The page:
Mark McLean’s Playground, consists of some serious playmates, David Braid on piano, Michael McClennan on acoustic bass, Andy Ballantyne playing saxophones and Kevin Turcotte on trumpet and flugelhorn. David Braid opened the first tune with a brilliant-sounding introduction. McLean would mark off time, tapping one stick against the other stick, which was positioned on the snare’s rim and the snare drum head. A muted, chromatic, wood block sound was produced. A Dixieland feel rapidly developed, on this M. McLean composition, named “Testifyin’.” As the song got up to speed, Kevin Turcotte would make his presence felt with a beautiful warm tone, offset by a screaming intensity, as he reached for some high notes and with the fluidity of a grand river, busting over a dam, a slight strain showed as he forced the notes from the horn, he reached a little deeper and opened the sound up a little wider. McLean sensing the tension raised his shoulders higher, maintaining his relaxed swinging stick work but digging down a little deeper, indicating to Turcotte he was here for this serious business of jazz and any side trips that might develop. The song ended tightly, the intensity lingered on, high energy was absorbed and the audience reacted with joyful applause.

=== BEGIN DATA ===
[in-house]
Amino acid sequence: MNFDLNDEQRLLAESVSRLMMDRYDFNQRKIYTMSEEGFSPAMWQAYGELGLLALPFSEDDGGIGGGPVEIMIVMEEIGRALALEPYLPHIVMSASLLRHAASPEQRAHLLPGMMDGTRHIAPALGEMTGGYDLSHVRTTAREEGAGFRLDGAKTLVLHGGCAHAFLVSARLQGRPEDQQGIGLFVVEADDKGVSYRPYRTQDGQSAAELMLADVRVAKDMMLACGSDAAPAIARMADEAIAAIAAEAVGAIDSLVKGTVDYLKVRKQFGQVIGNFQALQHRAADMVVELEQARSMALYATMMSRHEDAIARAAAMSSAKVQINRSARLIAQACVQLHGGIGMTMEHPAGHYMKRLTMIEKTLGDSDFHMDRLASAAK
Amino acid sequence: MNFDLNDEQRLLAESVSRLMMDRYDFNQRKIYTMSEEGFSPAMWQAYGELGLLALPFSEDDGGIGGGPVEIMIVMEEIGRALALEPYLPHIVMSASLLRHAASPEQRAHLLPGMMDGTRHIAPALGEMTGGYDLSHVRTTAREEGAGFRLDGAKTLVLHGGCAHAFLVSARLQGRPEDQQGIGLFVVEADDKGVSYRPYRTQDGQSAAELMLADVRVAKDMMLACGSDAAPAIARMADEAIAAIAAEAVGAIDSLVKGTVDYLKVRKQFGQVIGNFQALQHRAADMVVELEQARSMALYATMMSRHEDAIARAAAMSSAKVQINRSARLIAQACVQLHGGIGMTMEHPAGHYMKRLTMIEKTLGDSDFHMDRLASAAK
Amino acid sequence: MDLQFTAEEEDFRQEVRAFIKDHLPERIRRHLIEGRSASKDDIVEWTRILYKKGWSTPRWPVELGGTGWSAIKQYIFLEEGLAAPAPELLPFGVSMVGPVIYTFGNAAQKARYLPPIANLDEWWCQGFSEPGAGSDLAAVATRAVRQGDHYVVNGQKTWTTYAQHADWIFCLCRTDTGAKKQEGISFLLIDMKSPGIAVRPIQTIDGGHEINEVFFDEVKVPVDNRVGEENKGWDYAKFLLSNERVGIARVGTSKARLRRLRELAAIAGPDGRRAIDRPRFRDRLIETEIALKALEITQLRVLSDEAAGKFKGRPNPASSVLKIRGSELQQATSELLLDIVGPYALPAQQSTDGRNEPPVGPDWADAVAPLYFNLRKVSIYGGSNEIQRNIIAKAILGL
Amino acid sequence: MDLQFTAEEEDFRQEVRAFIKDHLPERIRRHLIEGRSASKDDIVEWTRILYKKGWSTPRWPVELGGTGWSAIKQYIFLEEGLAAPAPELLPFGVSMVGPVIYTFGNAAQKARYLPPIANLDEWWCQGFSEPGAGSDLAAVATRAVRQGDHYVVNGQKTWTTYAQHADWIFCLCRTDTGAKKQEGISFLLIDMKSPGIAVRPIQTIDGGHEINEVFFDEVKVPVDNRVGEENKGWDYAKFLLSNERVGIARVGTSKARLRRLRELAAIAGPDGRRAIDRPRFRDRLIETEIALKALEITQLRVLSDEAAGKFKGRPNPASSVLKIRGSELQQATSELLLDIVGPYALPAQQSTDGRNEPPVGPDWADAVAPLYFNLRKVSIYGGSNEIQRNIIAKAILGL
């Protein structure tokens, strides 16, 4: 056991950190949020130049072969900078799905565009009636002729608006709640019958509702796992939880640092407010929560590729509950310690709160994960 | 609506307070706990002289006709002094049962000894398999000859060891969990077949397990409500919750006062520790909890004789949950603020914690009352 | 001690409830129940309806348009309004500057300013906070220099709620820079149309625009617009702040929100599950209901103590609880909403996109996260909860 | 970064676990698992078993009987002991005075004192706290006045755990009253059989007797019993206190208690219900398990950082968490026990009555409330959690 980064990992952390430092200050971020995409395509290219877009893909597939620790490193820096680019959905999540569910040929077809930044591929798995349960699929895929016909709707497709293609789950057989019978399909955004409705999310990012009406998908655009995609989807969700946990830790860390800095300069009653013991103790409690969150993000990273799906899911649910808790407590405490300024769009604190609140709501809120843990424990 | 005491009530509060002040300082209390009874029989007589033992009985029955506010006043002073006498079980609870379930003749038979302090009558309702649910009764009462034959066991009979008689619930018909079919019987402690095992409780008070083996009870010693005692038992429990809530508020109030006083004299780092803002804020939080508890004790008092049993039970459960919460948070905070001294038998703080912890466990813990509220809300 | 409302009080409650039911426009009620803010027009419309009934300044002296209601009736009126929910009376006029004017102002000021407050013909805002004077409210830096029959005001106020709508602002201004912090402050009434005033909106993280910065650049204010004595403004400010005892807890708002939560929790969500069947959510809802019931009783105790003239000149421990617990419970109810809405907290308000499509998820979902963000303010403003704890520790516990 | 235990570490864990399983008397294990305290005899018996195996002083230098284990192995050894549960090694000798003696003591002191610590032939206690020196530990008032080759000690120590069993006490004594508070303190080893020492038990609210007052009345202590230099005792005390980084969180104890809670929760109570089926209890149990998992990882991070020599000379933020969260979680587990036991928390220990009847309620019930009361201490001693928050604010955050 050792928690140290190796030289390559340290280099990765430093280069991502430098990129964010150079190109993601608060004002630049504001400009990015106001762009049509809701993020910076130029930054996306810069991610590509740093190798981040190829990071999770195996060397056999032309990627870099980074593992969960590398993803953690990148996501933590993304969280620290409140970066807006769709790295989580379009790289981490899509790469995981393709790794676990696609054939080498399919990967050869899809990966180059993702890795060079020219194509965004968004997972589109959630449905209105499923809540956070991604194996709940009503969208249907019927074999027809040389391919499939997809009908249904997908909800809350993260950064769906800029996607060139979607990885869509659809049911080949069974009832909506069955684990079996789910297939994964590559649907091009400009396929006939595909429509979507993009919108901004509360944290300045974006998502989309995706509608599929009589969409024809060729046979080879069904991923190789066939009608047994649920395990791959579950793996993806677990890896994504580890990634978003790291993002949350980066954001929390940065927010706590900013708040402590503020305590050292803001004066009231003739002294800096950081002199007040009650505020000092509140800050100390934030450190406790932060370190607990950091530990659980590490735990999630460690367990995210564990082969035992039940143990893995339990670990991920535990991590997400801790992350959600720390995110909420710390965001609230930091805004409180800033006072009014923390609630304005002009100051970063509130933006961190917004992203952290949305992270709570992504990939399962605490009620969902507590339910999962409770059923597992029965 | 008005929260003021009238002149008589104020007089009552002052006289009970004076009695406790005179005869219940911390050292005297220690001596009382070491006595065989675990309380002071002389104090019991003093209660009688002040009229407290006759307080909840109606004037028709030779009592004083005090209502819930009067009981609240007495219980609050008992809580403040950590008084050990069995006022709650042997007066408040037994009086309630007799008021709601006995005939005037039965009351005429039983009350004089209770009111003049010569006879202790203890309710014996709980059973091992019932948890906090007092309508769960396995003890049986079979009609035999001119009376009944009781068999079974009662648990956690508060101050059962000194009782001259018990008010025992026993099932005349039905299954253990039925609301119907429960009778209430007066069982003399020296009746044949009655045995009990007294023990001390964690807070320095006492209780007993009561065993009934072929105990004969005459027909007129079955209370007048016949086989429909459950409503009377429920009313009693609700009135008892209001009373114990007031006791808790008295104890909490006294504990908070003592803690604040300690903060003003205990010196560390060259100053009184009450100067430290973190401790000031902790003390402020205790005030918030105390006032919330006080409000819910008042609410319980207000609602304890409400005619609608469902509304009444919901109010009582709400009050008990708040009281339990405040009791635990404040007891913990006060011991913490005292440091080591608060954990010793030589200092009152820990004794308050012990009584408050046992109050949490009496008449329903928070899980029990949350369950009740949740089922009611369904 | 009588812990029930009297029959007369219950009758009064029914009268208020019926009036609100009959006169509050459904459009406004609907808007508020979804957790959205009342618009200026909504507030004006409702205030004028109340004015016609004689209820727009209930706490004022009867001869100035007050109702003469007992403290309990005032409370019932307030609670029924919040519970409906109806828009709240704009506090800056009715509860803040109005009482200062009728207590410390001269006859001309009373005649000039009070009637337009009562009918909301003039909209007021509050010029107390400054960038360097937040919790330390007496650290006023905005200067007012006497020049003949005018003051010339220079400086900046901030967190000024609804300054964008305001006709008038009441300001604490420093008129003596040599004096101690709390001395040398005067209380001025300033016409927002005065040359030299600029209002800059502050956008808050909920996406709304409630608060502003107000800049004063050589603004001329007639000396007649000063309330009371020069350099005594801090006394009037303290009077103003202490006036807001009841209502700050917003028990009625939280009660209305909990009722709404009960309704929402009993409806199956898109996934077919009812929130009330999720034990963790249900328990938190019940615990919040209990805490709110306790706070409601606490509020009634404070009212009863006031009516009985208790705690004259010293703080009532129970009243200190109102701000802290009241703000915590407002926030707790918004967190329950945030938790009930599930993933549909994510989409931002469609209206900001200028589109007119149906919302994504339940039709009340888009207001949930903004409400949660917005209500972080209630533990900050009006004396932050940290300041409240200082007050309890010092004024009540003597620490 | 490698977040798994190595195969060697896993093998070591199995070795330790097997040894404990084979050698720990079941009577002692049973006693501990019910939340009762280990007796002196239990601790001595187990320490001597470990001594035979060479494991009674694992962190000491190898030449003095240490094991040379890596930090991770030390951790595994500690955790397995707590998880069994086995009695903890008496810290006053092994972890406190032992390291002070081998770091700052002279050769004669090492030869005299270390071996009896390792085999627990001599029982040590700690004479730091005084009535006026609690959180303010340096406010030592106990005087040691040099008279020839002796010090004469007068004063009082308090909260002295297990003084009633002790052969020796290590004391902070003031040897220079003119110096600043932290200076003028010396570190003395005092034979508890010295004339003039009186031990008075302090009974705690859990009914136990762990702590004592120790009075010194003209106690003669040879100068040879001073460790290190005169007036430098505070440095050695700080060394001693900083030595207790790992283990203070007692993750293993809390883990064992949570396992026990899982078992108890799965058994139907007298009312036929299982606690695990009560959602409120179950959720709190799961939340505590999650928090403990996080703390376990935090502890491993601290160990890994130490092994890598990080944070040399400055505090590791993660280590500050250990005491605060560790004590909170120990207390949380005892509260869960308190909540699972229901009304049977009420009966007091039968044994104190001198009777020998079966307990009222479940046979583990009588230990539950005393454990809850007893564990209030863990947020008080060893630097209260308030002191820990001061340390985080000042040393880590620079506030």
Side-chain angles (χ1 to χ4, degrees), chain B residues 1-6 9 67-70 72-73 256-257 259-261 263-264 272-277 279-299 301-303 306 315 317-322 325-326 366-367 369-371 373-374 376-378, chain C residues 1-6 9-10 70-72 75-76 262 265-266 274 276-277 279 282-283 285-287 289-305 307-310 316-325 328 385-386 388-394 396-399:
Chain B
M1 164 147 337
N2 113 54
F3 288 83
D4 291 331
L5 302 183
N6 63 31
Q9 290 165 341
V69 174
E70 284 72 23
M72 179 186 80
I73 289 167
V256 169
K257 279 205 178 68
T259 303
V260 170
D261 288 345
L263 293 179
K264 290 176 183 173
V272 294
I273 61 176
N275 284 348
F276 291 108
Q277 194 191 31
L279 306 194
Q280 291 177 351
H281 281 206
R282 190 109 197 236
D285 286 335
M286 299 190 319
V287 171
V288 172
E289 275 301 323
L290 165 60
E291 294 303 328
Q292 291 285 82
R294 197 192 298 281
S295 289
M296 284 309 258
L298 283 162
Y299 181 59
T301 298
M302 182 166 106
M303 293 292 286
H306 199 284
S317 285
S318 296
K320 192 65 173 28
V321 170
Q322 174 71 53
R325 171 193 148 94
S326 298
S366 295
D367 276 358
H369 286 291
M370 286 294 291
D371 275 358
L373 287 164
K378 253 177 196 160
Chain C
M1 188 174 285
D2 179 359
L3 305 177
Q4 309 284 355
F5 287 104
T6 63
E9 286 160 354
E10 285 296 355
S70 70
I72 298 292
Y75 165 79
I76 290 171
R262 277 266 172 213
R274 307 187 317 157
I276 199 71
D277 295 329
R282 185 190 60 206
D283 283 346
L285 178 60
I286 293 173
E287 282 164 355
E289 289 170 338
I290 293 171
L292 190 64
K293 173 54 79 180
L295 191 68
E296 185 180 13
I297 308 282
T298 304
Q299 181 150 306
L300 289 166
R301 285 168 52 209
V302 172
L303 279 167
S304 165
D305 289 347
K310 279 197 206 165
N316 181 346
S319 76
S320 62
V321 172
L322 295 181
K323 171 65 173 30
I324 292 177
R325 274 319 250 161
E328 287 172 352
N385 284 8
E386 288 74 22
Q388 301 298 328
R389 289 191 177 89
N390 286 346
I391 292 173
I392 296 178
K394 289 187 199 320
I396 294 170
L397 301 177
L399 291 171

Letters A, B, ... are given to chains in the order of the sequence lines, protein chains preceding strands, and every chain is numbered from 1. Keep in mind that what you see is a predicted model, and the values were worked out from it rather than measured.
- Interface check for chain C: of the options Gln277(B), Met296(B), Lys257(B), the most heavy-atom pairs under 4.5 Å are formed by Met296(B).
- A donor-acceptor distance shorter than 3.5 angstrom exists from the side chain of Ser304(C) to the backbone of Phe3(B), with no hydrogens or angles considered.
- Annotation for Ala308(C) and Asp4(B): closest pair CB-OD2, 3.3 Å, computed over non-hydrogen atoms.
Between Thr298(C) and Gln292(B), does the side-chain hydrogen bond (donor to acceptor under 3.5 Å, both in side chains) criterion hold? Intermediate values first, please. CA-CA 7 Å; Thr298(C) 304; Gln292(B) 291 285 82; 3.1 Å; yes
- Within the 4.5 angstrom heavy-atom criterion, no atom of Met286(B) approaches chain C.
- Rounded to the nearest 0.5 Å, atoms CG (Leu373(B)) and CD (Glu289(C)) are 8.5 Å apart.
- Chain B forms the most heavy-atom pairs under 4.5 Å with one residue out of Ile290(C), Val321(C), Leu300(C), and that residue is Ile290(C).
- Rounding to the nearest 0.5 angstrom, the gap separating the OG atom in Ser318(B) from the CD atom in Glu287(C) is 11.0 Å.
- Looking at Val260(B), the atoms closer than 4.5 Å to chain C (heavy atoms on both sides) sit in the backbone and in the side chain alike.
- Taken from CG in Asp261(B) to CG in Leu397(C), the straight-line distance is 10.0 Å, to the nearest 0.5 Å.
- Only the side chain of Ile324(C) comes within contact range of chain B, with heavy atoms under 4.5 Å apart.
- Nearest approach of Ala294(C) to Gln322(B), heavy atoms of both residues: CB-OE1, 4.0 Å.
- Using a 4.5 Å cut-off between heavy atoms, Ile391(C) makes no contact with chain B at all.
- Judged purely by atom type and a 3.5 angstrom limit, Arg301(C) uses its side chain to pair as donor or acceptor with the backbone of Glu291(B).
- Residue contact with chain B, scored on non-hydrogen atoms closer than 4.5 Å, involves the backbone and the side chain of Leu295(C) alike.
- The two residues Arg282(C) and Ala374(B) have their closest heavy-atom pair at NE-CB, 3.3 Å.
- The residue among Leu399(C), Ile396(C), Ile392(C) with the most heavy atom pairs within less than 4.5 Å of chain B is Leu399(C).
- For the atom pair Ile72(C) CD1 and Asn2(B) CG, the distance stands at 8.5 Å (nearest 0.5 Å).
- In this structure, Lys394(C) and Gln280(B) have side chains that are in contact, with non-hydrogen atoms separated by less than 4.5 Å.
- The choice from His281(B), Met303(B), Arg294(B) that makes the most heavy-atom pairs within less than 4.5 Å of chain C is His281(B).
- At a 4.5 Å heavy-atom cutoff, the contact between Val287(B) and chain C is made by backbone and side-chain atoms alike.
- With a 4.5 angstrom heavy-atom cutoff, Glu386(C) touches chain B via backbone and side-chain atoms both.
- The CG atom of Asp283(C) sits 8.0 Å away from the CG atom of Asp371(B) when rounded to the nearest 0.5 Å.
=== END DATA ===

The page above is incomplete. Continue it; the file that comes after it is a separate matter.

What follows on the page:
McLean moved to the microphone at stage right, welcoming the audience and introducing his band mates. He offered an explanation as to why he was revisiting his graduation performance, nine years later. He said, “I found my adjudication notes and I thought there were some really good points that could apply even now.” He also wanted to clear up any misconceptions, so he pointed out, “I didn’t fail the first time, I just wanted to let everyone know.”